BBC Homepage World Service Education
BBC Homepagelow graphics version | feedback | help
BBC News Online
 You are in: UK
Front Page 
Northern Ireland 
UK Politics 
Talking Point 
In Depth 
Monday, 1 May, 2000, 06:02 GMT 07:02 UK
Pollution warning on holiday flights
Campaigners say trains are preferable to planes
By environment correspondent Alex Kirby

Several environmental campaign groups are urging people to take fewer flights for the sake of the global climate.

They say aircraft emit more of the main greenhouse gas than cars for each passenger they carry.

The groups say one return flight from the United Kingdom to Florida produces as much carbon dioxide (CO2) as a year's driving by the average British motorist.

And they say commercial jets add almost as much to global warming annually as the whole of Africa.

The groups are Friends of the Earth, the Aviation Environment Federation, the National Society for Clean Air, and the Heathrow Association for the Control of Aircraft Noise.

In a report, Aviation and Global Climate Change, they say:

  • air travel produces 0.17 kg of CO2 per km travelled for each passenger, against 0.14 kg/km for car travel
  • a return flight from London to Miami (14,207 kms) produces 2,415 kg of CO2 per passenger, more than the 2,255 kg produced annually by the average British motorist's 16,108 km
  • the world's 16,000 commercial jet aircraft produce more than 600 million tonnes of CO2 annually, almost as much as the entire African continent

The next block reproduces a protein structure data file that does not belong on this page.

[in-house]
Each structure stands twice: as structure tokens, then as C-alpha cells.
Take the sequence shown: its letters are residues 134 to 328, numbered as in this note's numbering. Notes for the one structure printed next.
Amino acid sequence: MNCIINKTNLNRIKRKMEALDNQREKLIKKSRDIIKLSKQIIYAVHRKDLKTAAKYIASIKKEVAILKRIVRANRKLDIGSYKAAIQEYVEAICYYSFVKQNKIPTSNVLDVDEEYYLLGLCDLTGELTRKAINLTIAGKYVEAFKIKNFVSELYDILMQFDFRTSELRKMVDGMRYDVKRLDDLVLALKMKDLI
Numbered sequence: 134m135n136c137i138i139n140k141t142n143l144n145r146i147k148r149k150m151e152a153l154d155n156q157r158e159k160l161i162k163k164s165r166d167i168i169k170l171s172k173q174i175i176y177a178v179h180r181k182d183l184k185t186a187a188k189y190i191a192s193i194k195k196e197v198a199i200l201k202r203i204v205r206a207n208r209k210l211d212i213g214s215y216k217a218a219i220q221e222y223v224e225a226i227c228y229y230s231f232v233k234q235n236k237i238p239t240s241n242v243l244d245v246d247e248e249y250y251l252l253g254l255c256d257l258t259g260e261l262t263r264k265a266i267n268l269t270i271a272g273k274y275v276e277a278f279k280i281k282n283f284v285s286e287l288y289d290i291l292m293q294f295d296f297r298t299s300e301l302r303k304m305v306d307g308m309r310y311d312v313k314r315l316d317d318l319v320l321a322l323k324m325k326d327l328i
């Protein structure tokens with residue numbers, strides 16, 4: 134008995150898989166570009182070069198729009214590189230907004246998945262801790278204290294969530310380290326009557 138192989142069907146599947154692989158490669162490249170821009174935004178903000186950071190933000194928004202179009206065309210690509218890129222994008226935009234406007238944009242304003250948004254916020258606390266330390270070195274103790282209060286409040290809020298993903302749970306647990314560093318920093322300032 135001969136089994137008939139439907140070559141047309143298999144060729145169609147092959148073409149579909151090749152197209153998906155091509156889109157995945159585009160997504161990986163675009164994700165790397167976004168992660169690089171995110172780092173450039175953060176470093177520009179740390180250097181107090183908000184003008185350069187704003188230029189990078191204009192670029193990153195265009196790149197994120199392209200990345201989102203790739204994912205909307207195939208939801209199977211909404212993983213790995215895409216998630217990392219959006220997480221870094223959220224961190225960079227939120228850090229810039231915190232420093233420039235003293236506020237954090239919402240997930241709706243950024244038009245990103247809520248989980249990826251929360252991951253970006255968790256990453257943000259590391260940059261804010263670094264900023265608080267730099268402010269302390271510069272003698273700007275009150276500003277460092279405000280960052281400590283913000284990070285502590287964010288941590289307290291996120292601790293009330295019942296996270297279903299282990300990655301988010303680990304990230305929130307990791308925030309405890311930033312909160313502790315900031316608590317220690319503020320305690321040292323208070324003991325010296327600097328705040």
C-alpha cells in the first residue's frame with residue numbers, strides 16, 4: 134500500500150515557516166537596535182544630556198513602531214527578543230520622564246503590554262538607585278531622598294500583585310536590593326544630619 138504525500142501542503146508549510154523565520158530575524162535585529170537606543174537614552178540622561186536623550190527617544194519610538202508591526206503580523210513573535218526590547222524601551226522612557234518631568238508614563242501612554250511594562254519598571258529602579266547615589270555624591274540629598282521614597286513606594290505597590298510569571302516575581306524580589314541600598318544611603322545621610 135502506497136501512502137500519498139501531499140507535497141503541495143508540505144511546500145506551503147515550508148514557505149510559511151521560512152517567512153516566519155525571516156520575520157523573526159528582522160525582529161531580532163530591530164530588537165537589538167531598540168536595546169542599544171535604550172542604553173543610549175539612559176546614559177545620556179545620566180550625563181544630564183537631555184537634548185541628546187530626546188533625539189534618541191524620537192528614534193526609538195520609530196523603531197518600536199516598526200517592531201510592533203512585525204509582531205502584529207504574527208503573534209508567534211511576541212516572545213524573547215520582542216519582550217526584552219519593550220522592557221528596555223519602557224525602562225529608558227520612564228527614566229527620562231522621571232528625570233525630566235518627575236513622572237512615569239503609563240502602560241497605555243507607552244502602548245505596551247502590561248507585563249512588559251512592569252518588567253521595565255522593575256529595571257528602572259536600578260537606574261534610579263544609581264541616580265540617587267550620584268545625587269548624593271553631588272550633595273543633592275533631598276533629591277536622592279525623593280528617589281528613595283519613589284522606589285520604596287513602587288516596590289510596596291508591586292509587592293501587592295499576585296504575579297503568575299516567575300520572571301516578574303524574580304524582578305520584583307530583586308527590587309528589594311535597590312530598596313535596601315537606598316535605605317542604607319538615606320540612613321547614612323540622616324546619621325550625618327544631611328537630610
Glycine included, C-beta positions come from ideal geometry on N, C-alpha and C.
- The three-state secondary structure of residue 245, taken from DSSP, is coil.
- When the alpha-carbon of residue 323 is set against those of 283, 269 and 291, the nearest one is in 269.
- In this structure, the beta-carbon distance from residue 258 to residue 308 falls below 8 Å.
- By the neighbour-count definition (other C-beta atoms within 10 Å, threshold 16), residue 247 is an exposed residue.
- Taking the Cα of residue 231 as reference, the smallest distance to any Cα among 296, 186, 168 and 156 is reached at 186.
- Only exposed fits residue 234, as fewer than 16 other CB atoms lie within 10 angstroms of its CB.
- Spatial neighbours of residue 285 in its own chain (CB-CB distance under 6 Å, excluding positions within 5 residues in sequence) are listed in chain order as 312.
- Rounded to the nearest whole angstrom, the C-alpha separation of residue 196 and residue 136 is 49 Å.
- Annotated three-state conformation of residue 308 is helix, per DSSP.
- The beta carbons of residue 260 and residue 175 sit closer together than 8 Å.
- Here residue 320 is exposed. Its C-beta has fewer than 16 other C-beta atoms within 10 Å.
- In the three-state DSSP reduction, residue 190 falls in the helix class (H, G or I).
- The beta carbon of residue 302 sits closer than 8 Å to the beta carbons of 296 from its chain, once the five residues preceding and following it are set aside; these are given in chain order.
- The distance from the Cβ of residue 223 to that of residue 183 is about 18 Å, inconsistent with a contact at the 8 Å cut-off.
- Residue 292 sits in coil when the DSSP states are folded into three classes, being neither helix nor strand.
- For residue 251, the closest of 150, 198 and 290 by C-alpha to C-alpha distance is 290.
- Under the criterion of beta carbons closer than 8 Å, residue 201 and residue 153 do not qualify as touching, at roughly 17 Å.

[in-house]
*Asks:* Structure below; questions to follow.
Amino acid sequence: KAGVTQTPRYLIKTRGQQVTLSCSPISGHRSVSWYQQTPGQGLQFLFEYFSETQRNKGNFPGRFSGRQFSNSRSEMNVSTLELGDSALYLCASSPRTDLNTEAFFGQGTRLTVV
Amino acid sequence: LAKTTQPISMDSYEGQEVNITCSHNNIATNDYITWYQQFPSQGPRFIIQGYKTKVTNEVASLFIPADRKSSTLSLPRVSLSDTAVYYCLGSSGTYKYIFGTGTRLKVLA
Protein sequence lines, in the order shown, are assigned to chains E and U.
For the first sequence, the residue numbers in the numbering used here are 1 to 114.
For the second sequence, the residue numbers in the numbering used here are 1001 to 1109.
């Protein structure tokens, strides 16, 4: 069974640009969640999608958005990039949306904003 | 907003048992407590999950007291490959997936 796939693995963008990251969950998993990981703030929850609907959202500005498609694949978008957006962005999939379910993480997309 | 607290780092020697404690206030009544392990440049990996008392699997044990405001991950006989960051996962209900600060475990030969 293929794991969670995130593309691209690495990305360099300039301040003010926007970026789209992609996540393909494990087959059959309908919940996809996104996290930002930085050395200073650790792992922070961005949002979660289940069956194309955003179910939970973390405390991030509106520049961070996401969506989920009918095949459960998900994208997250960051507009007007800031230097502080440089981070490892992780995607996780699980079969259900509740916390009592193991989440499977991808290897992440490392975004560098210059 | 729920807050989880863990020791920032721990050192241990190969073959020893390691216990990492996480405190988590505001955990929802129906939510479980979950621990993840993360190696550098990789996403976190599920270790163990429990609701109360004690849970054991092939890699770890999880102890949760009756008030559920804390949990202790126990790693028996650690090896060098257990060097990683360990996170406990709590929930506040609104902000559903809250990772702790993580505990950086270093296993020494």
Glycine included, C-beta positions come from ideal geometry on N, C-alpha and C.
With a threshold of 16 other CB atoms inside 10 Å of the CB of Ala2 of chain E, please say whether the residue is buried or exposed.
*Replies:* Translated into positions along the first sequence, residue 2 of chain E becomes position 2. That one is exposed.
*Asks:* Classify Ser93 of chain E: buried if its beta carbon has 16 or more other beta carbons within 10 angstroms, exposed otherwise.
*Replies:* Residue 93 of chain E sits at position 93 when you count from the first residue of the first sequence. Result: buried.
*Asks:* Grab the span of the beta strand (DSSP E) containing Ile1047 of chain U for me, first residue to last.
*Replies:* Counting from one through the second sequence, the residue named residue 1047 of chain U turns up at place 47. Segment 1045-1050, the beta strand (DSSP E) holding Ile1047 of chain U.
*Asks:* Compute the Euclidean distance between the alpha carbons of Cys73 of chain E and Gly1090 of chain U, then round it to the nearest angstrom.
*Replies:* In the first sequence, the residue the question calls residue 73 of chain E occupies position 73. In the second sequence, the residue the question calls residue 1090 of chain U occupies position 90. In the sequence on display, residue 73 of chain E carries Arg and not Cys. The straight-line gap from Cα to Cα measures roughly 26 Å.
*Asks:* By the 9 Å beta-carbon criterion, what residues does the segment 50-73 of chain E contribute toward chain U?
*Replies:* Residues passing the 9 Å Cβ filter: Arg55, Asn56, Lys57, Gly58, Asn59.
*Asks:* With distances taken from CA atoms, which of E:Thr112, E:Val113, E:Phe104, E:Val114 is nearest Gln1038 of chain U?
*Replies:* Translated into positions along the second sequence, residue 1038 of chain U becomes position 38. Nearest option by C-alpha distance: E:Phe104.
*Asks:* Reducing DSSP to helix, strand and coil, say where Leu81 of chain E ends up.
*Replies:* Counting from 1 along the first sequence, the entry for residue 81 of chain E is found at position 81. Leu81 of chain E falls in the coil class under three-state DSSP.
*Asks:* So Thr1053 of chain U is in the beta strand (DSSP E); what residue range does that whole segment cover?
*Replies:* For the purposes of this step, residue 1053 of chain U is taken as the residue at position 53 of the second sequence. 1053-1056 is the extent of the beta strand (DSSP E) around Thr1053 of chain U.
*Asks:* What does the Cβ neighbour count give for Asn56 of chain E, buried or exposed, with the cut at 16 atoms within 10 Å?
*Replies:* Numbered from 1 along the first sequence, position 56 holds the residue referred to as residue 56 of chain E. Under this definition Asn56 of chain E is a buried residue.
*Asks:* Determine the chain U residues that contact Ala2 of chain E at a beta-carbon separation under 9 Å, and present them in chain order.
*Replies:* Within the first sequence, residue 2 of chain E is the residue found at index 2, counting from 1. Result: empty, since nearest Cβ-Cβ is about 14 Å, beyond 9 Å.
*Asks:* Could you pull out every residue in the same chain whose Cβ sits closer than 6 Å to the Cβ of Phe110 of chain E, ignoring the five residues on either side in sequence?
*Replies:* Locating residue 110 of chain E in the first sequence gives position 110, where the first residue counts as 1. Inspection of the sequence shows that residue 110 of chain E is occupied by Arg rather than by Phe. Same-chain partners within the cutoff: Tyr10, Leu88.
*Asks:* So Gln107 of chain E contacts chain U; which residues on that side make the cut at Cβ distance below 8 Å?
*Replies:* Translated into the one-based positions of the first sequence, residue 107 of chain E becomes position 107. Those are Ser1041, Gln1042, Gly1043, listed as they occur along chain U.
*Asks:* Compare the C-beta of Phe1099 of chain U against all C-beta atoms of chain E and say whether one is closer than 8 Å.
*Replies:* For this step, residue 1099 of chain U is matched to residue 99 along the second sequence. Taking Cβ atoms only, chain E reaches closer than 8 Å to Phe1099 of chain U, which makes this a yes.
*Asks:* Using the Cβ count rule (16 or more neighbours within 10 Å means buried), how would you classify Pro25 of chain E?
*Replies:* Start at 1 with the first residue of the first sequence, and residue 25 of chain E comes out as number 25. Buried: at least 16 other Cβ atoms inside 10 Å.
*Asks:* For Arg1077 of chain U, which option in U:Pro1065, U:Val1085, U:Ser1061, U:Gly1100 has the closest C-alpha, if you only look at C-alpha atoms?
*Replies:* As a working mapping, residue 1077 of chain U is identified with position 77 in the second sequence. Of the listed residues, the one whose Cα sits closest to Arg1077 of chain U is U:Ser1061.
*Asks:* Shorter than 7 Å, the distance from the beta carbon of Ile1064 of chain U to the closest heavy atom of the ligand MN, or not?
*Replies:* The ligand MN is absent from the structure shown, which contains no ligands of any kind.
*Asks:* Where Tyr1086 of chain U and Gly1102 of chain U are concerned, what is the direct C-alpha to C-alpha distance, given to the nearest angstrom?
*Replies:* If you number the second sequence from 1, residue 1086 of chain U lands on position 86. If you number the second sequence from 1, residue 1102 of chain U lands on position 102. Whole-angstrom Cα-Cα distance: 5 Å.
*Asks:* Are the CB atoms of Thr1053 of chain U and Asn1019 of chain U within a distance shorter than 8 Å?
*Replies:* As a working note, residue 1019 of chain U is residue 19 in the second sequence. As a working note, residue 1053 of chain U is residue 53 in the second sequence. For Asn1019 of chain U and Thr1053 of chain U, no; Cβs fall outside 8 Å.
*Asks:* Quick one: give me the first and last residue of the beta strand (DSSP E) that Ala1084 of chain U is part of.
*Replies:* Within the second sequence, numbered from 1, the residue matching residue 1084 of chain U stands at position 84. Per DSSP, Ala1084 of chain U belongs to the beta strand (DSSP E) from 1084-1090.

• the number of people flying is expected almost to double in the next 15 years
  • many tourist destinations could be submerged by rising sea-levels caused by climate change
  • because airlines do not pay tax on the kerosene they use as fuel, they do not have an incentive to save it or to fill every seat on their planes.
Friends of the Earth wants people to think about spending their holidays closer to home, to reduce the length of time they spend in the air.

It also recommends taking trains instead of using aircraft for short distances, and says teleconferencing could replace inessential business flights.

Hugh Somerville, of British Airways, said he thought the report's figures on aircraft fuel efficiency were "a gross overestimate".

Efficiency doubled

He told BBC News Online: "The fuel efficiency of our fleet has doubled in the last 20 to 25 years, and we are getting results which produce about 30% or 40% of the CO2 the report mentions.

"Nevertheless, we take this problem very seriously, and we share the groups' concerns.

"We are sponsoring a study on emissions trading, which we think will probably be the best way to deliver improvements by aviation.

"And we are involved with work at the International Civil Aviation Organisation that's looking at market options for improving fuel efficiency."

Some scientists remain unconvinced of the reality and urgency of climate change, and say our understanding of climate processes is still very limited.

Awaiting proof

They believe the evidence that human activities are inducing rapid change is weak.

They highlight the inconsistencies between the temperature records taken at the Earth's surface, which show rapid warming over the last two decades, and the data produced by satellite and balloon studies.

These show little or no warming higher in the atmosphere over the same period.

Search BBC News Online

Advanced search options
Launch console
See also:

22 Apr 00 | Sci/Tech
Pollution 'damages intelligence'
28 Mar 00 | Sci/Tech
UK lags on riding 'green wave'
28 Jul 99 | Sci/Tech
World's carbon pollution falls
26 Sep 99 | UK
Tourism goes green
Links to other UK stories are at the foot of the page.

E-mail this story to a friend

Links to more UK stories